Kessa seemed unencumbered by his anxieties, and perhaps that was for the best. Although her carefree optimism in their journey and his abilities might be more hindrance than help. She needed to be more alert for danger, but of course she didn’t know what danger to look out for.
He tiptoed his gaze around the tree branches at the dark fur of moss coating the wood close to the canopy, just enough light for them to absorb during the day until they shed their spores at night. The moss itself looked unthreatening, no more a danger than any other bit of growth on trees or rocks throughout the Central Continent, but he’d read too many accounts of its terrible effects to believe it to be as harmless as it appeared.
He put those kinds of thoughts aside, they weren’t helpful now. He needed to be concerned with their resting place.
Ignoring the cryptic poetry Erod used to describe the cave, he knew that it would have to be elevated above the treeline to avoid the spores, and also that marpha kept to openings in the earth closer to the ground with less light and airflow. Plus the caydyd sloths were not known to climb much of anything, preferring to stick to the ground and root around in the soil for grubs and berries.
Glancing around, the forest was hilly but generally flat, with nothing notable about the terrain. It certainly wasn’t hiding an aboveground cave surrounded by white flowers. Even if it did, he wasn’t sure how’d they cut through the random patches of brambles that ran like deadly streams through the underbrush.
He turned his attention back to the trail and froze, grabbing at Kessa before she continued walking, oblivious to the danger ahead of them.
“What is —” she began, but he quickly shushed her. She followed his eyes to a mound of soil poking up from the ground in the center of the trail. It was unusually placed and seemed unnatural, though easily overlooked.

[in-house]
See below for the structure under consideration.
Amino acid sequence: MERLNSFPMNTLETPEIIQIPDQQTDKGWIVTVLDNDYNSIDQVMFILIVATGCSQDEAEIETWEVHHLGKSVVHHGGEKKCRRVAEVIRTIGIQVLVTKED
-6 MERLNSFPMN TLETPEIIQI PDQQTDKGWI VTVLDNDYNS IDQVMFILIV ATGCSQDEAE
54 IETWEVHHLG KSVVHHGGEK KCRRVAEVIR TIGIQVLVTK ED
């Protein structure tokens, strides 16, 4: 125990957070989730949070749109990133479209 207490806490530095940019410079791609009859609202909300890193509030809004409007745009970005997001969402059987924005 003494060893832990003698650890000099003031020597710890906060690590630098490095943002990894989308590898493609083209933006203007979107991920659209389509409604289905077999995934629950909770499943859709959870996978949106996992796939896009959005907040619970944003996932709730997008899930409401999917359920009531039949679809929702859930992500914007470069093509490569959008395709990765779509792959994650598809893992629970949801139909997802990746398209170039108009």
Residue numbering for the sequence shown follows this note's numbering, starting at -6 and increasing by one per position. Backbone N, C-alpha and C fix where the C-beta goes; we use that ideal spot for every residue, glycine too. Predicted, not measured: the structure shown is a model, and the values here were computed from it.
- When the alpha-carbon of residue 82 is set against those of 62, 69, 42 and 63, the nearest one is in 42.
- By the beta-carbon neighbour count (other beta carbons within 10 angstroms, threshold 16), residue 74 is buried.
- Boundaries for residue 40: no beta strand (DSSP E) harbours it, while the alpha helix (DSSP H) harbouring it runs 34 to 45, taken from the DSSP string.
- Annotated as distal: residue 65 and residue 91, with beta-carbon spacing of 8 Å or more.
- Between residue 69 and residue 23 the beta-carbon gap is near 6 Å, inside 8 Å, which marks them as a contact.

She wasn’t sure what his concern was, but the fear in his face was enough to convince him that it was serious.
He gradually backed up with her a fair distance until he felt relaxed enough to speak.
“What is it?” she whispered, drawing close to him.
“There are these kinds of wolves that live here. They dig holes in the ground and cover them to seem like nothing is amiss, but if you get close enough, they spring out and try to tear at your throat with their teeth or claws.”
Kessa’s face drained of color.
“And that’s one of their holes?”
“I’m not sure, I’ve never actually seen one, but it looks like drawings in one of my books.”
“Okay,” she said, “so what do we do? It’s in the center of the trail.”
“That’s not even our biggest concern.”
“Look closely, beyond the mound.”
She squinted and tried to see what he was talking about, only to be gripped by a dry horror. The trail ahead was dotted for at least a hundred paces with at least a dozen such mounds pockmarking the soil. They were scattered seemingly at random, with only thin openings between them.
“What if we go around them? Between the trees on the side of the path?” she offered, but he shook his head.
“There are brambles all around, most of them hidden under bushes and dead leaves. We’ll be torn up and I don’t think we want the scent of blood on us right now.”
She sank down a little.
“Do we have to go back?”
A good question, and one he didn’t know. They’d been walking for some time, and even if they doubled back and took a safer route, they still needed to be in a cavern for the night. With such vague maps and borderline indecipherable descriptions, they might not have time to make it to cover before dark.
“These wolves are mostly nocturnal, so they tend to rest during the day,” he began, thinking out loud. “I’m not saying they can’t wake up when the sun’s out, but they should be deep asleep right now. If we’re quiet, we might be able to sneak past them.”
“Are you speaking true, Tey?” She was incredulous. Even worse than the idea of having to walk hours back was to walk the short distance through the hidden menace ahead of them.
“I am.” He swung his bag around and searched to find his hunting knife. He unclasped it from its leather pouch and gripped it in his hand before securing the bag behind his back. “Stay close, soft breaths, gentle steps.”
Kessa didn’t have anything to say, but sidled up to him and tightly laced her fingers with his. Despite the temperate weather, a thin sheen of sweat had beaded on both their faces.